Parenting tips for preschoolers play time
Playing in the world of preschoolers is everything. It is the way they function at this age and the best of their knowledge. They explore the world through play, learn new information, and develop cognitive skills to enhance their creativity, imagination, and social skills like sharing, caring and taking turns. It is stated as a right for every child by the United Nations High Commission for Human Rights. That is why it is essential to plan their day so that there is enough time for free play, organized play, or even play dates if that is an option.
Fine motor skills development
- Playdough and kinetic sand enhance creativity and fine motor skills. They also soothe anxiety and boost the kids’ imagination, creativity, and fine motor skills.
- Drawing: Preschoolers enjoy holding a pencil or a crayon. At this age range, they can draw people and objects and can also start tracing letters and numbers. Drawing helps a lot in developing their fine motor skills.
- Do with your preschooler some simple and creative arts and crafts because these are two vital activities that need to be included in the preschooler’s day. The benefits of arts and crafts for preschoolers are countless. Arts and crafts help boost preschoolers’ creativity, help boost their imagination, give them a sense of pride and achievement, connect them with the materials and things around them, help in the development of eye-hand coordination. They also help enhance skills such as cutting with the scissors, holding crayons, and gluing. And the best thing is that kids who do arts and crafts regularly do better in their learning progress.
- Give your kid a coloring book or a picture to color and watch him enjoy some quality time. Coloring is a milestone that develops at this age range. It enhances the gross motor skills of the arms and hands and the fingers’ fine motor skills. It also helps develop cognitive skills like imagination and creativity.
Cognitive and character-building development
- Playing with building blocks, Lego and puzzles has countless benefits at this brain development stage. Spending time on these quality games boosts your preschooler’s cognitive brain functions.
- Hide and seek games are of significant benefit to preschoolers. Besides how fun and exciting it is for them to play, it also enhances their gross motor skills, balancing, and listening skills.
- Pretend play and make-believe games are some of the most loved playing times for preschoolers. They both combine many benefits in one game, so they are more like character-building quality playtime. Pretend play, and make-believe games teach the kids communication and social skills. They also teach them how to be in someone else’s role in life, so they see the world from other angles. These games also teach them the skills to take turns, share, organize, be creative, imagine, and conversational.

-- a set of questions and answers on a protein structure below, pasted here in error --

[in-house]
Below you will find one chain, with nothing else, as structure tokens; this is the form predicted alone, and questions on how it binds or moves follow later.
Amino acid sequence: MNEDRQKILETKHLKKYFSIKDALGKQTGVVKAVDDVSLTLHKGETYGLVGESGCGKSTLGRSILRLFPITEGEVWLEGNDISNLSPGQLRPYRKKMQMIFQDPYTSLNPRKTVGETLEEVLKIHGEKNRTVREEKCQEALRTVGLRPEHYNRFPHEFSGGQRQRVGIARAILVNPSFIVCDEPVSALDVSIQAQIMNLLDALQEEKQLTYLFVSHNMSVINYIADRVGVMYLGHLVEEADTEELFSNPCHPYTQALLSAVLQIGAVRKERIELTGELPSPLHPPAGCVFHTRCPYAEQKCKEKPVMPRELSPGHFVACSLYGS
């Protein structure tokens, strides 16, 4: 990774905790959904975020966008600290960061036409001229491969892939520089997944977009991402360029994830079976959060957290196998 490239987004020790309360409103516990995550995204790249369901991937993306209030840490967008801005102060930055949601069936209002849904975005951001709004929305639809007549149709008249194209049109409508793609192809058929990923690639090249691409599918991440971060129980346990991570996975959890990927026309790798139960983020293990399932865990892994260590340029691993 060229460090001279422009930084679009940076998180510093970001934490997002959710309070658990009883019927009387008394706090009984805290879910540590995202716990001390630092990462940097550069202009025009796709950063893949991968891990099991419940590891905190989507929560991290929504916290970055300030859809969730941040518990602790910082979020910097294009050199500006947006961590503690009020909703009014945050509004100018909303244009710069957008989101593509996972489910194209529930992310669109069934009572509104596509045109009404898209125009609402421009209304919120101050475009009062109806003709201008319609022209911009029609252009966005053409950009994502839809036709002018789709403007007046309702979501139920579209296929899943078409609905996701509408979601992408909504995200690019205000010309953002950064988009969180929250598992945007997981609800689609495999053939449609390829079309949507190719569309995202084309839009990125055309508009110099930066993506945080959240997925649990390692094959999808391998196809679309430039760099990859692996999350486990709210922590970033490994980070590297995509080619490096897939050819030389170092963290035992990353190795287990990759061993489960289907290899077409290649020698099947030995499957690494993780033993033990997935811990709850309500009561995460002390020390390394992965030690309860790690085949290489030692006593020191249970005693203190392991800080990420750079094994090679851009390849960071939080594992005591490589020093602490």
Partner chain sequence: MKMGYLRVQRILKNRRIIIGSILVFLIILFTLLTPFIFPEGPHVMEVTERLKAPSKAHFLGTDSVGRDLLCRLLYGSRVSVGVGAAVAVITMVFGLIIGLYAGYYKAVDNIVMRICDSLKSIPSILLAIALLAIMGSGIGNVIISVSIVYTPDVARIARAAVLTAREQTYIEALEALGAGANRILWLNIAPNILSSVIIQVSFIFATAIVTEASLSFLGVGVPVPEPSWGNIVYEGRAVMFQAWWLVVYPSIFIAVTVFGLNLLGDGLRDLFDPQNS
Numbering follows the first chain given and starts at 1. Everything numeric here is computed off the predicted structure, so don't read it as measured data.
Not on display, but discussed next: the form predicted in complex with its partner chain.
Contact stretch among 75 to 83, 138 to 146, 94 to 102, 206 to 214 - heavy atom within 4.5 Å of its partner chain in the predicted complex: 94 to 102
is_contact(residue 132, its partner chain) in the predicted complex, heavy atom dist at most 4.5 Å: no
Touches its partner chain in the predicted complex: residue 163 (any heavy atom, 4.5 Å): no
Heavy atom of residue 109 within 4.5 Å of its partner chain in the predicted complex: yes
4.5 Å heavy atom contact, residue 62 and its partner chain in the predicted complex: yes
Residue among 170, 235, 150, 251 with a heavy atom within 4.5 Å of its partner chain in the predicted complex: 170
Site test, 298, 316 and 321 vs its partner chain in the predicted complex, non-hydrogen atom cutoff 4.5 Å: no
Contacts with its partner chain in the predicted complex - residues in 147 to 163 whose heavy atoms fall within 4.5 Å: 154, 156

When discipline is mentioned, many parents think it is all about shouting, punishing, or spanking, but these ways have now been proved by research that they may have immediate effects only, may cause many personality disorders, and could affect your relationship with your child on the long run. By discipline, I mean the steps and methods you can embrace to improve your preschooler’s behavior.
Practical and useful tips for encouraging good behavior
- Set a routine for the day and bedtime to reduce the number of times your kid may get fussy. When kids know which step will be next, they are calmer and more settled. You can draw or take a picture of your child doing each step in the daily routine and paste them in a poster in a place easily seen by them.
- Praise good behavior. Praising good behavior is one of the best ways of encouraging good behavior and boosting your child’s confidence. You can also make a reward chart to encourage good behavior.
- Listen to the kids and let them express themselves and be patient while listening to them repeat the same thing they love ten times in a row. And do not forget that sometimes kids are just misbehaving to get their parents’ attention and time.
- Do not expect your preschooler to be perfect and try always to remember that they are little human beings, and it is the natural thing for them to make mistakes and learn from them.
- Repeat the thing you asked them to do once and twice and even three times and give them a chance to respond and always try to keep your calm.
- Teach them that there are consequences for their unacceptable behavior and for breaking the rules. You need to be consistent with implementing the rules and the consequences and not give up with continuous whining or meltdowns.
Putting the Foundations for Character Building
Your preschoolers’ brain is like a sponge that absorbs lots of information every day, so we need to give them the right thing for their brains to absorb. At this age, we put the foundations of morals and simple meanings about life. You are throwing the seeds that will need to be watered in the following years until you see the flowers start to blossom. And one of the fundamental ways to do so is to read to them at this age.
Practical tips for character building
- Set a good example: Preschoolers are imitators. If they see you lie, they are going to lie. If they see you handle difficult situations with calmness and patience, they will learn to handle situations and problems the same way. When they see you give charity, help the needy and be kind to others, they will do the same. When they see you treat them and others with respect, they will treat you and others with respect too.